RLH: The Epiphany
I'm an intuitive writer. Rather than "seeing" scenes in my head, like on a movie screen, I "feel" them in my gut. I am not the least bit analytical about my own writing or the novels I read. I "feel" if they work, but describing why or why not is a difficult task for me.
I learned years ago why I resist outlines, synopses, plotting, and/or over-discussing my story ideas. It's because writing, for me, is all about "the discovery." Just as a reader reads a book in order to learn what happens to the characters, I write my books to see what happens to the characters. When I work out an entire story on paper in advance of writing it, when I analyze and scrutinize, I quit wanting to write it. I get bored and restless. Hey, I now know the beginning, middle, and ending. Why bother with writing it? My imagination says, "Let's come up with a different story where we don't know how it all fits together."
For a long while, I thought this meant I was a bad plotter, but eventually I realized that wasn't so. It's just that I plot through my characters. I plot in little bursts, just enough to get me through the day. My subconscious is working way ahead of that, but I'm right here in today, enjoying the discovery.
I remember an epiphany I had a number of years ago at a writers conference. I noticed that I (a character-driven, intuitive storyteller) attended all the workshops on plotting. In the meantime, those writers who plot their books from beginning to end on little scene cards were sitting in workshops on characterization or putting more emotion into their stories. I thought we were trying to improve our craft, focusing on areas of weakness.
But then I realized something. While improving our craft may have been a side benefit, I believe we were actually trying to find an easier way to write our novels. If characterization is my strength, but writing is still so hard (which it is), then if I become better at plotting, writing will surely get easier. And I imagined that left-brained, analytical, plot-driven writer who is blessed with the ability to see her story from beginning to end thinking, "Plotting comes naturally, but writing is hard. If I can master characterization, writing will surely get easier."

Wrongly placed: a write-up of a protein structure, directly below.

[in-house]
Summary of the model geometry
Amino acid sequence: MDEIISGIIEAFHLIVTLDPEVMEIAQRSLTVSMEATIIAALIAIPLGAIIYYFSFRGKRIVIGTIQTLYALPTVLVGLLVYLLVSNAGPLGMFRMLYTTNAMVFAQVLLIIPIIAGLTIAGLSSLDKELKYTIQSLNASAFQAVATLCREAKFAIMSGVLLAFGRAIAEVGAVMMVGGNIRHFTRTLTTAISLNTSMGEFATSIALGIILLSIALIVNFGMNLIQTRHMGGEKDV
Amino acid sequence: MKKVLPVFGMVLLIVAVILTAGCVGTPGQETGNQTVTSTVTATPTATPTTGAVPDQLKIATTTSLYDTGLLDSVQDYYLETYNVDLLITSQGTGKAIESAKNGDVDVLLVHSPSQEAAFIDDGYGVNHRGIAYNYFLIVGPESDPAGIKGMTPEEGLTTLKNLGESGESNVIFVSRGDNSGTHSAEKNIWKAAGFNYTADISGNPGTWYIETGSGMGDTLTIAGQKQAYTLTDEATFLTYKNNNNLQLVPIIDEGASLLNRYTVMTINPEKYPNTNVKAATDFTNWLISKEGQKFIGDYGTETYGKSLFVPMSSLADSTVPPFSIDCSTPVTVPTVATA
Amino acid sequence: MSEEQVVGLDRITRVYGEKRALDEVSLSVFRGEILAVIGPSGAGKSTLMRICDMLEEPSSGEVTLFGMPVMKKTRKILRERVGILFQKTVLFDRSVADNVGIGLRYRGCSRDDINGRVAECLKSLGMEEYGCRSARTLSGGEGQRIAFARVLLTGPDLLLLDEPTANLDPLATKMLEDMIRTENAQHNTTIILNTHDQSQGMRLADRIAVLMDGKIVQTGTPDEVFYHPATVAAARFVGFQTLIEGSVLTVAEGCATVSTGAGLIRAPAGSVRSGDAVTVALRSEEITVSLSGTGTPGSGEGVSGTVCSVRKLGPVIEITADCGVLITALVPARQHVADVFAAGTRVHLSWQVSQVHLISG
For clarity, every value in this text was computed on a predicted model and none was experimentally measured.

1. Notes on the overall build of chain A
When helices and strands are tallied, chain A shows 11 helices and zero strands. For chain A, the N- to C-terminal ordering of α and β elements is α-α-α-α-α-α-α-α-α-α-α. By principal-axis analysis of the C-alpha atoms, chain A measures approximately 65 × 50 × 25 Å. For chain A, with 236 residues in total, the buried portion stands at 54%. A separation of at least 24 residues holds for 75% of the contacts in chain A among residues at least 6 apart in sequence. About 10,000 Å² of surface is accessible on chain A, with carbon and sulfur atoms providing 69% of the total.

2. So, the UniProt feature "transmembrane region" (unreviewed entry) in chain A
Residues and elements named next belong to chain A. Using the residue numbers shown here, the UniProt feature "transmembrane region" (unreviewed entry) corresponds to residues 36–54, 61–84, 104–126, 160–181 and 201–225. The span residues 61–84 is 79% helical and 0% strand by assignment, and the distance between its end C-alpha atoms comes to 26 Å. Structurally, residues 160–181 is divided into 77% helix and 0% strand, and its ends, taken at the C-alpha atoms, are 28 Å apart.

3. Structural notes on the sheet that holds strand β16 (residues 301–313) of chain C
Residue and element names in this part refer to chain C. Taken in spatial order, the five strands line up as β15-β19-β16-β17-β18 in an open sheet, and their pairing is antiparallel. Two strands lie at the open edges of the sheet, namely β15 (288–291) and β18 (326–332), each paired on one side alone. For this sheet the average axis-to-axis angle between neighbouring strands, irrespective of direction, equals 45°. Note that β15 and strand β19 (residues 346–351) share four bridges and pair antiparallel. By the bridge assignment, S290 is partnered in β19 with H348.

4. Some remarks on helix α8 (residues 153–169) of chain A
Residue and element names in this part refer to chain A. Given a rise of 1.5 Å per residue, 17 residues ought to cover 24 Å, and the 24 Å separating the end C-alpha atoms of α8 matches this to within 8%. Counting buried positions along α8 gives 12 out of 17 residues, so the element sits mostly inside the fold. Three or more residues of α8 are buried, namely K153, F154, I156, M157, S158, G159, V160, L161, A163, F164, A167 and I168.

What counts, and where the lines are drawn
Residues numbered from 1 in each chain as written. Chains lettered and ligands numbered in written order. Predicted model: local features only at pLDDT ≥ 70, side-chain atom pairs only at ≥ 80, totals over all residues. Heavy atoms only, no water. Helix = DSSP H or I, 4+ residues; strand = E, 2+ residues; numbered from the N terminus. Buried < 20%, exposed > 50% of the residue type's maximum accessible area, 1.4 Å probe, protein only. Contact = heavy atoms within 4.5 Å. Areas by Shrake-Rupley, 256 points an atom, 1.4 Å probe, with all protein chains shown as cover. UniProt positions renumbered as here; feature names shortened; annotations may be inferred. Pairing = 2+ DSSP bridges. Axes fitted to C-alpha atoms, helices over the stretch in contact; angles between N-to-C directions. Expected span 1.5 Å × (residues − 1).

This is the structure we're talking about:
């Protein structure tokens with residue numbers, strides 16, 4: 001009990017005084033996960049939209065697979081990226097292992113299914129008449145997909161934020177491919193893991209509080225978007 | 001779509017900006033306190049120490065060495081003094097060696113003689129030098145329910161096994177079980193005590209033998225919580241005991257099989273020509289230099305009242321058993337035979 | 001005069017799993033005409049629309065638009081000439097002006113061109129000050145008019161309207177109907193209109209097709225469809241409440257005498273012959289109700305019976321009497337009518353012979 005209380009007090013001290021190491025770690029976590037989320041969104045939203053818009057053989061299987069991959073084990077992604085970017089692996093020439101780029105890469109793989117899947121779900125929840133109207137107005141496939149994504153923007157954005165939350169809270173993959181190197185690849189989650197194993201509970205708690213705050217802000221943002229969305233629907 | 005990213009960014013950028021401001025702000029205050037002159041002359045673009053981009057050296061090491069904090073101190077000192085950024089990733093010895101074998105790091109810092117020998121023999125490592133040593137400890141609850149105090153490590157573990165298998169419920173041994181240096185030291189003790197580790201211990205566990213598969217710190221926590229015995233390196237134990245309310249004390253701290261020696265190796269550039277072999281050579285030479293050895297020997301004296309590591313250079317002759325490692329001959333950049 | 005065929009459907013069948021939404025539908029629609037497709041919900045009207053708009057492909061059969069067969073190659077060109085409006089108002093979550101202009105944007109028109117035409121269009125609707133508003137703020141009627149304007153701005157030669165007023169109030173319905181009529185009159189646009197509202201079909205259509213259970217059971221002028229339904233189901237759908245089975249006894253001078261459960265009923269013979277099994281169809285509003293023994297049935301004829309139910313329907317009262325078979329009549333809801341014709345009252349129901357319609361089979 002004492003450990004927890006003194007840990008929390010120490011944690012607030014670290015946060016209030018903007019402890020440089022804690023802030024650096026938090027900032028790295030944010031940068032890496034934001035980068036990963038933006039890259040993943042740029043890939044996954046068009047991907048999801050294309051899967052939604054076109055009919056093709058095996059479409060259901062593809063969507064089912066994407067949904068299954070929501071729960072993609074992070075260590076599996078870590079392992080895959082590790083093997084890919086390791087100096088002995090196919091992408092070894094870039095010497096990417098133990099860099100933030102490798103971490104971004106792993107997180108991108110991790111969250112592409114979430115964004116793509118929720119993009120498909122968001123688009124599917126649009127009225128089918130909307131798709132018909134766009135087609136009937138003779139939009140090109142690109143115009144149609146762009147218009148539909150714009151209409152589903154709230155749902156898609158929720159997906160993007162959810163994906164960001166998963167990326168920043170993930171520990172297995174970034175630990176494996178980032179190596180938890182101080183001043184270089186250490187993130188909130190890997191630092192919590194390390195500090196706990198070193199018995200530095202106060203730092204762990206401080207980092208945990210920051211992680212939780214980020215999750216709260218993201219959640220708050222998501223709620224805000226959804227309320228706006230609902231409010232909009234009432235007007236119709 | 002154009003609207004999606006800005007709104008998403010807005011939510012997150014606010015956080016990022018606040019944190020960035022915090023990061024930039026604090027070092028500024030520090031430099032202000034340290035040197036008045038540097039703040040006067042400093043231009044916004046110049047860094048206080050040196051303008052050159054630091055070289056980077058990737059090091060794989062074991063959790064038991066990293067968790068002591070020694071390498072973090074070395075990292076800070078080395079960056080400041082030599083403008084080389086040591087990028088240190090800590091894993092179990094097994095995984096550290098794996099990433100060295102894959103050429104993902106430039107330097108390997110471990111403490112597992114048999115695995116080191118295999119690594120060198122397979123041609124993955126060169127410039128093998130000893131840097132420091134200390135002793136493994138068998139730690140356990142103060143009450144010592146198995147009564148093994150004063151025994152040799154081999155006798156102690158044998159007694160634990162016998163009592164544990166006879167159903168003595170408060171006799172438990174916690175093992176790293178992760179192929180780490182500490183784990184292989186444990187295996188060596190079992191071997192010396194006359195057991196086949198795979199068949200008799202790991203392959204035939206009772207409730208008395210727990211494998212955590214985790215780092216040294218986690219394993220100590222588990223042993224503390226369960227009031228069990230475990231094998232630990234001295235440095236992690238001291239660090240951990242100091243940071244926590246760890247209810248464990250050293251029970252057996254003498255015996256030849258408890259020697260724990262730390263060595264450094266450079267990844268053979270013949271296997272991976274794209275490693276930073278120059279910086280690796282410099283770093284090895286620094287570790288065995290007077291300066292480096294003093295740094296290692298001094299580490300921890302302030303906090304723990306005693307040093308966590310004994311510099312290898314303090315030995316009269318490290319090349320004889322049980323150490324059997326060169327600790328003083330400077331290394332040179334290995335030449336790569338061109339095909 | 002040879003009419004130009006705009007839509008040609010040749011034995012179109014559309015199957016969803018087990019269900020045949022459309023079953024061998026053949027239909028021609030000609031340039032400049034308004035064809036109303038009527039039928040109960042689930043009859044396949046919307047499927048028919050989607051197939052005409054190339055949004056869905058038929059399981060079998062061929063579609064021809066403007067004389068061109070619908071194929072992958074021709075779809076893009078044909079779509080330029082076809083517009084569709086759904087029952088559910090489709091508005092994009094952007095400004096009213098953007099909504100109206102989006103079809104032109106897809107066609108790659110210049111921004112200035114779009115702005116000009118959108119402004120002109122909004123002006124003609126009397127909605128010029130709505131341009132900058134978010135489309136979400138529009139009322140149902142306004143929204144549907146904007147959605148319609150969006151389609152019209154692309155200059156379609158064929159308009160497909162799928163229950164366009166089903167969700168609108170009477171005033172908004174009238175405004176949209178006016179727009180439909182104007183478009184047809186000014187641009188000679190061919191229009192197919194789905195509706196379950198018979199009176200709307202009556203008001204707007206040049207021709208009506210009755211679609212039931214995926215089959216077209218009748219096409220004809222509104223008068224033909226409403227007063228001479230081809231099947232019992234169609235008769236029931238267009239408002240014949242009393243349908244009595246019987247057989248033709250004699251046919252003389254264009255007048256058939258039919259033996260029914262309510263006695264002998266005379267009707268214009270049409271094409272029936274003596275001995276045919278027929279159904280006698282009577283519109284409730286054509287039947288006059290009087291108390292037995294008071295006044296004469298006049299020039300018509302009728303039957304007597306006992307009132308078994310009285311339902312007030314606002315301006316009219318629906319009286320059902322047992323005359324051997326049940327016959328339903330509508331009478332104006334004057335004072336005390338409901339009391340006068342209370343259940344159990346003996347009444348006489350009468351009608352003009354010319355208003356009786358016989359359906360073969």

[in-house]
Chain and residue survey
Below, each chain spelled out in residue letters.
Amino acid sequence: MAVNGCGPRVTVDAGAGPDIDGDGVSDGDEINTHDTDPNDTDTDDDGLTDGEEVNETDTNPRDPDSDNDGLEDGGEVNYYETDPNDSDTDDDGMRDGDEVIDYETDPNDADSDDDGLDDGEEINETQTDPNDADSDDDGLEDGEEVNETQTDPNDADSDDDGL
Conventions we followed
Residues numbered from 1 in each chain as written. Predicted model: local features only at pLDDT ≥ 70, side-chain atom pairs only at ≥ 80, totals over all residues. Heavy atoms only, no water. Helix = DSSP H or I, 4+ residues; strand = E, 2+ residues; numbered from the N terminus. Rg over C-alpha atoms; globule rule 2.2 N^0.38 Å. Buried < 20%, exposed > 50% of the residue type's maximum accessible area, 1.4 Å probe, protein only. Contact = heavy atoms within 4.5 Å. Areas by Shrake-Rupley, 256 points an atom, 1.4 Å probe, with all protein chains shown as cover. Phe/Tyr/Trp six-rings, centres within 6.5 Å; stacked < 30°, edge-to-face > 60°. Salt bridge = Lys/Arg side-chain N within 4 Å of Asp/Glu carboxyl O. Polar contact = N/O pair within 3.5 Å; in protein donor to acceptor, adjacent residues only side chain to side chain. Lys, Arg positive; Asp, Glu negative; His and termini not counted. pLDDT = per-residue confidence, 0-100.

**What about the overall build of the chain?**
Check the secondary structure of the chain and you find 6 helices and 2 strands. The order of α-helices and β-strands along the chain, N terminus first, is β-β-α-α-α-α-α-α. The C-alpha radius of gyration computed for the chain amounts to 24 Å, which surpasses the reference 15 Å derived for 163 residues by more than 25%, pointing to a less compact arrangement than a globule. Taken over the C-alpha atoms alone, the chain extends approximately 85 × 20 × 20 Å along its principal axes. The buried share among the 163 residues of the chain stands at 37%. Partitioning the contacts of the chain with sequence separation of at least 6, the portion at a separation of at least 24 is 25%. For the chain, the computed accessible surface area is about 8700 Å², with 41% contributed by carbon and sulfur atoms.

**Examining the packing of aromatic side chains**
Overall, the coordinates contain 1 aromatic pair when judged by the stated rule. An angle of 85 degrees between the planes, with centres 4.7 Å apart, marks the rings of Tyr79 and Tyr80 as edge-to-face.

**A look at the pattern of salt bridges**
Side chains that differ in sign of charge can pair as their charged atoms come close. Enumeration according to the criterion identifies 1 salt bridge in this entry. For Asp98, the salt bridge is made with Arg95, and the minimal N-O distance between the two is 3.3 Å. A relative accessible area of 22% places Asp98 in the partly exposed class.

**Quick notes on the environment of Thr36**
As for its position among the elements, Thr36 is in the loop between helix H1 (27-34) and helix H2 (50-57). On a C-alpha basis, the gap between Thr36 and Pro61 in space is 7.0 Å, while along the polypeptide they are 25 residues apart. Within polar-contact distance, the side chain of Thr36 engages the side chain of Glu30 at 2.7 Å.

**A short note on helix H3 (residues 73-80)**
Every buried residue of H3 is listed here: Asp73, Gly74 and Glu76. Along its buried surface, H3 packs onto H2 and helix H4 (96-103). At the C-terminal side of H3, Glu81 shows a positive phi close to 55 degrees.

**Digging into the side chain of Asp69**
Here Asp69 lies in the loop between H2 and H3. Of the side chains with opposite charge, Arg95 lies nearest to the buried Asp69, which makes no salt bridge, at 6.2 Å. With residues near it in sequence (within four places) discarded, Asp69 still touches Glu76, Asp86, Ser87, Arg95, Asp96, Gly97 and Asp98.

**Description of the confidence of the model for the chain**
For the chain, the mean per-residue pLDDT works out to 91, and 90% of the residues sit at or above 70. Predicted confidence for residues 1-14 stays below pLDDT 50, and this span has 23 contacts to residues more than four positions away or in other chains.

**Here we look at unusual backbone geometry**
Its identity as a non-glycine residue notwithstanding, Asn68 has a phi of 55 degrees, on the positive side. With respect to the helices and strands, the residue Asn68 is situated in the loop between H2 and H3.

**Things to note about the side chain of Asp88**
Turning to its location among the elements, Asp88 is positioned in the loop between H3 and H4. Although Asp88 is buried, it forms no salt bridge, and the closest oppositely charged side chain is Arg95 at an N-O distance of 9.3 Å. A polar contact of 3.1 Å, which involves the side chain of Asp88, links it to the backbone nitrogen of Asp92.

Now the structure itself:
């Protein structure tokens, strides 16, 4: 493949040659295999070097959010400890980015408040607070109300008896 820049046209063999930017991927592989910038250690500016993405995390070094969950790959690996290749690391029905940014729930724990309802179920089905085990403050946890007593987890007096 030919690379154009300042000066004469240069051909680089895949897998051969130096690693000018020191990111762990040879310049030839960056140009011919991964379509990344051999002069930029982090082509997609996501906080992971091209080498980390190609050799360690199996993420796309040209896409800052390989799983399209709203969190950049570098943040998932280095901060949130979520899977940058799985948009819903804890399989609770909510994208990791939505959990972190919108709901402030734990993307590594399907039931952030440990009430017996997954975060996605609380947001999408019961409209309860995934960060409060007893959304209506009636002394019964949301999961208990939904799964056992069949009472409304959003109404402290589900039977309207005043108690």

The epiphany: There is no easier way to write a novel. They are written one word at a time, and those words become sentences and those sentences become paragraphs which become scenes which become chapters -- and suddenly it all becomes a book.
From then on, I began to accept who I am as a creative person. I create the way I create. You create the way you create. There isn't a right or wrong way to create a novel. It's the end result that matters.
Even after more than 50 books, I still sometimes think I must be doing it all wrong, that there must be some better and easier way to write than the way I do it. If I could just figure it out...
When that negative committee in my head starts tossing those feelings of inadequacy at me, I remember the epiphany at that writers conference. I apply the seat of my pants to the chair and my fingers to the keyboard, and I create as God created me to create.
Robin Lee Hatcher does her creating from her home in Idaho. Her upcoming releases include A Carol for Christmas (Zondervan, Oct 2006) and Trouble in Paradise (Steeple Hill, Feb 2007).
Web site: http://www.robinleehatcher.com/